The taxing case of Tom Daschle
The former US senator Tom Daschle seemed like the perfect candidate to lead President Obama’s effort for healthcare reform and to serve as his health and human services secretary. As a former Senate majority leader, Daschle knew both the players and the processes necessary to get legislation through Congress. He coauthored a book on healthcare reform and was passionately interested in the topic. And as one of Obama’s earliest supporters and advisers, he was likely to have the president’s confidence and attention. Daschle had led the Obama health transition team since the election; conducted numerous discussion sessions with citizens and experts on healthcare reform during the interregnum; and was awaiting Senate confirmation.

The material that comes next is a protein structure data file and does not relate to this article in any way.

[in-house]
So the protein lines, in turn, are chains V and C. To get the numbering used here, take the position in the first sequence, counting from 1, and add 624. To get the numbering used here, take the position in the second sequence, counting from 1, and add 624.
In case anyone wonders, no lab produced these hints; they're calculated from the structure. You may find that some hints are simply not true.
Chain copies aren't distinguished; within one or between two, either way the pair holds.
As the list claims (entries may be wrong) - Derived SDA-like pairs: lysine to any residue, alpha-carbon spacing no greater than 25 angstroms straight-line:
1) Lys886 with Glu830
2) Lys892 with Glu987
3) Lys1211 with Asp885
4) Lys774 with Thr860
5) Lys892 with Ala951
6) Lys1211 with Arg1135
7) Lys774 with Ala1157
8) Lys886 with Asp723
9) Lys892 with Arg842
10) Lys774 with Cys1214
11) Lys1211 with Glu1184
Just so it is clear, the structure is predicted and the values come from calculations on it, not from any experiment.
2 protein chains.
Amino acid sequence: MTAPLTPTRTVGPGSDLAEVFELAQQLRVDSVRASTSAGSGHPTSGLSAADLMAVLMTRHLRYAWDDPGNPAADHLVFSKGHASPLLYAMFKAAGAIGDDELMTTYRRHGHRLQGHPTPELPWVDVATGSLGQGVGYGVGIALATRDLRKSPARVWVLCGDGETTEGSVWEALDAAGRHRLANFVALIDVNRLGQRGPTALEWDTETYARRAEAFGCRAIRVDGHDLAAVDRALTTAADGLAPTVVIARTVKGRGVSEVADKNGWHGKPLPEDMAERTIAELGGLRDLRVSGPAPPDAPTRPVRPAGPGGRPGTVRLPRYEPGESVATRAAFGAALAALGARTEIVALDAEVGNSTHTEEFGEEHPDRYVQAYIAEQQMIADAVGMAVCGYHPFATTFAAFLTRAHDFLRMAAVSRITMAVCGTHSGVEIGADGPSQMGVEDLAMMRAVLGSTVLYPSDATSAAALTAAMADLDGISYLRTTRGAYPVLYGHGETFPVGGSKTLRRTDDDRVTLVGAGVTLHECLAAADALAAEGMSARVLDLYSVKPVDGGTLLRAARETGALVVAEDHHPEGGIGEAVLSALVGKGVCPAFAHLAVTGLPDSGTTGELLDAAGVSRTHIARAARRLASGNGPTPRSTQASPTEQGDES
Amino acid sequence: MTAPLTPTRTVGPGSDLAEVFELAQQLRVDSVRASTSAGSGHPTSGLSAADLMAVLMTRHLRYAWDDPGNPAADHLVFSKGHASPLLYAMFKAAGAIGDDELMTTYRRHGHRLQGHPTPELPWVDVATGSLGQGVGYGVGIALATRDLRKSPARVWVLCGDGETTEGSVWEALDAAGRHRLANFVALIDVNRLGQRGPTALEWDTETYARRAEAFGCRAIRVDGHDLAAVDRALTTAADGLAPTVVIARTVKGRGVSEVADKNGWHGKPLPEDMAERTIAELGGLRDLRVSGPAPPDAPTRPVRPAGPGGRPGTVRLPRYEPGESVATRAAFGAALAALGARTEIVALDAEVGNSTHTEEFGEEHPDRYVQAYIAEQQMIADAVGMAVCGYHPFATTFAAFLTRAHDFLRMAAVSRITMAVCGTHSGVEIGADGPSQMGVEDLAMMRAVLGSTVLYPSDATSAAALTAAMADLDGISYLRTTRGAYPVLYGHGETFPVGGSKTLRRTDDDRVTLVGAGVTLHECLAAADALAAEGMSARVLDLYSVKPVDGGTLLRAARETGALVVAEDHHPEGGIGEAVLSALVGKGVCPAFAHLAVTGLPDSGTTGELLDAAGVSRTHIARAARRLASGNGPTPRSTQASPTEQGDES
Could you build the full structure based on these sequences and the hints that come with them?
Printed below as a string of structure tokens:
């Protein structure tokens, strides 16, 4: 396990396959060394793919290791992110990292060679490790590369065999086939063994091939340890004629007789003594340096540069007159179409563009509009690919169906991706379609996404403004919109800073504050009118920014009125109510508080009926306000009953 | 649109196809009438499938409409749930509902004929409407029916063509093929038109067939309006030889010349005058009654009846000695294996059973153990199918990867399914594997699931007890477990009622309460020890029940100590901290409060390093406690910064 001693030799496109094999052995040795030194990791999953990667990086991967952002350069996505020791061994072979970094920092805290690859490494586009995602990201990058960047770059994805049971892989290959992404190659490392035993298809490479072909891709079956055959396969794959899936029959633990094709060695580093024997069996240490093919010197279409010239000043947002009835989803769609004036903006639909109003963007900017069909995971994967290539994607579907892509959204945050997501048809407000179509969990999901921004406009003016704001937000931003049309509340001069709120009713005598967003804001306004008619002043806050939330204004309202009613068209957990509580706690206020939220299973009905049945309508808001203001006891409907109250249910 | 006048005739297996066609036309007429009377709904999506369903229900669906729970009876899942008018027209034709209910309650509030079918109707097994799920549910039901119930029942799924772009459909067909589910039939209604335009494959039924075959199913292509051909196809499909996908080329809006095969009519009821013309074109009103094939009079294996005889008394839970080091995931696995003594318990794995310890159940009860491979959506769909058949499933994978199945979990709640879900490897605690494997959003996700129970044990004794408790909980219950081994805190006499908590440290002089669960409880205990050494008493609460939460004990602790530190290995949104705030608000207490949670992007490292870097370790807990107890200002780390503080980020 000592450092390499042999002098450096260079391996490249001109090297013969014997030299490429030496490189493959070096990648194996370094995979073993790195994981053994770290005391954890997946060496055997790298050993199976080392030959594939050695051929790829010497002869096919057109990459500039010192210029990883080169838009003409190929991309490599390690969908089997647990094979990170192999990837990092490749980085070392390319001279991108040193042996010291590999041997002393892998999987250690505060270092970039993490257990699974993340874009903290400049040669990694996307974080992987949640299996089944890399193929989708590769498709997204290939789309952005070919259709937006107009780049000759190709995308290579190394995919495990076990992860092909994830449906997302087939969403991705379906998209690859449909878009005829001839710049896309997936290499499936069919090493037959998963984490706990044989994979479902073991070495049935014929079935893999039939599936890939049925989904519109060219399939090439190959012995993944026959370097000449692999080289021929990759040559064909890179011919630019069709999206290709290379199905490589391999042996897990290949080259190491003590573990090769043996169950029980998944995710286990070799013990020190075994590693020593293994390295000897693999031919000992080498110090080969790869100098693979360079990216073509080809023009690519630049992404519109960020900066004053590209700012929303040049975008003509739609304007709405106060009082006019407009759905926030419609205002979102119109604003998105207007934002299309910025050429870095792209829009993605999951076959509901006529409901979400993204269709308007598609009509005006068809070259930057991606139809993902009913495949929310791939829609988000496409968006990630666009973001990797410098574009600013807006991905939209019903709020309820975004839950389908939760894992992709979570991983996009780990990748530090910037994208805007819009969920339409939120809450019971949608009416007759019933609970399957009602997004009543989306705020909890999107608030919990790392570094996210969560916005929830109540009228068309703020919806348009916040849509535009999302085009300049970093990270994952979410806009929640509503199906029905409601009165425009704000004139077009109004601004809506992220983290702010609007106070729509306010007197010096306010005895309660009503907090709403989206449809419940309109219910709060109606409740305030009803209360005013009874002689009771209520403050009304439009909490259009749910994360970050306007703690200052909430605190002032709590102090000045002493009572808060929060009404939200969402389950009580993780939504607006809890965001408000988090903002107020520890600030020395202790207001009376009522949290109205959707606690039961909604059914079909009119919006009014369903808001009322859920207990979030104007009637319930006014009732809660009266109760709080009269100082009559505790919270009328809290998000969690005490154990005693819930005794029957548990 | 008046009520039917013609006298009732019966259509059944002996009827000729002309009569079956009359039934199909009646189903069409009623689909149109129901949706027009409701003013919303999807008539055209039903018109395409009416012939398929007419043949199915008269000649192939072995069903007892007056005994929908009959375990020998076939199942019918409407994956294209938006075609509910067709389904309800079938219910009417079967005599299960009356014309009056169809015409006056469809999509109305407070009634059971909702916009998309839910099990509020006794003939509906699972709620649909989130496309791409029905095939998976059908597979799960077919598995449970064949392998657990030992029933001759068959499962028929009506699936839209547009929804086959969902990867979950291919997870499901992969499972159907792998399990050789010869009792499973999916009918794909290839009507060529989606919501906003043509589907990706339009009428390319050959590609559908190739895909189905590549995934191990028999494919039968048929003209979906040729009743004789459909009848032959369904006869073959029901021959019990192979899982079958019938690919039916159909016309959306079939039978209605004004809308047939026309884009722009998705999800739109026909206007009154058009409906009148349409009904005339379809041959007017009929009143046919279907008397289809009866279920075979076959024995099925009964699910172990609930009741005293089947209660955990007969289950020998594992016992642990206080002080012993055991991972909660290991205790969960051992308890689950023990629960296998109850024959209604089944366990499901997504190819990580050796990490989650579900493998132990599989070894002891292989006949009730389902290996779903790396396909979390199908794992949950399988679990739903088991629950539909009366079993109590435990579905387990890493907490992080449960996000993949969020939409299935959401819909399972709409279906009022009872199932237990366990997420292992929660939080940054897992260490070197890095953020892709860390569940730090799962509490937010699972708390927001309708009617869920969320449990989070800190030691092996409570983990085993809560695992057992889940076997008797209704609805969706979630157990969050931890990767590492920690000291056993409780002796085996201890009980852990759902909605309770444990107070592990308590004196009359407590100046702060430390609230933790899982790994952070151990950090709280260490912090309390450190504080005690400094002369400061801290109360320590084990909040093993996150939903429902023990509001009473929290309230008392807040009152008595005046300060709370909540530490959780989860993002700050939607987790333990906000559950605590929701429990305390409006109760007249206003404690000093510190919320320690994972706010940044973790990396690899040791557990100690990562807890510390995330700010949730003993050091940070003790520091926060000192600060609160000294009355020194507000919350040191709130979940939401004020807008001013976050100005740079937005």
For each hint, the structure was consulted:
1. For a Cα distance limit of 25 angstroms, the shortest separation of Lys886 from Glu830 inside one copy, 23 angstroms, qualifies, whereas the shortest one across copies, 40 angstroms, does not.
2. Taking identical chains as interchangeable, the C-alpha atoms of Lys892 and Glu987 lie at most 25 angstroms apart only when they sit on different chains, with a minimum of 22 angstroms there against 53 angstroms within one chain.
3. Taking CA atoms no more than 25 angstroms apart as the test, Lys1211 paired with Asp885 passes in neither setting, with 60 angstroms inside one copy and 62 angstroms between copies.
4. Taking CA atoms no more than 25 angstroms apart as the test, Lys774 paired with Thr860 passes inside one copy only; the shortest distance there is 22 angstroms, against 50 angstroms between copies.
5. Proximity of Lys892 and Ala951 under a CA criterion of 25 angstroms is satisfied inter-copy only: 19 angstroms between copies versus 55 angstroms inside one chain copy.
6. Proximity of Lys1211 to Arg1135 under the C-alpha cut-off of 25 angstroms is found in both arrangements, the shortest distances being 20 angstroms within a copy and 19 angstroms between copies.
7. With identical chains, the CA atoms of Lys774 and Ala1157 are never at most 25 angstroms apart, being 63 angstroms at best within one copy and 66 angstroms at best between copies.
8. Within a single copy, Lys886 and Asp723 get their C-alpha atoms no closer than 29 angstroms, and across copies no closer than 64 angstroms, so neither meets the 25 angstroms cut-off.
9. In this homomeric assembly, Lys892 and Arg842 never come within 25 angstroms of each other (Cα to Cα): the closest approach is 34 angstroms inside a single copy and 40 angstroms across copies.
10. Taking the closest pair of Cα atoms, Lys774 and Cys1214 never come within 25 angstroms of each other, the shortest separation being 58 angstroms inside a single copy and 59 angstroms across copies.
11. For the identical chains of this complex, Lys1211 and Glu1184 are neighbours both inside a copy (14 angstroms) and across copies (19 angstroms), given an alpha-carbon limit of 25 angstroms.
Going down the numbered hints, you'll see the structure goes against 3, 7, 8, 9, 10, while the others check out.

Yet, in a stunning reversal of fortune, this consummate insider felt it necessary to withdraw his name from consideration just days before he was likely to be confirmed by the Senate and sworn in. What happened and what . . .
Kamerow, D. (2009). The taxing case of Tom Daschle. BMJ (Clinical research ed.), 338(7691), b565. DOI: 10.1136/bmj.b565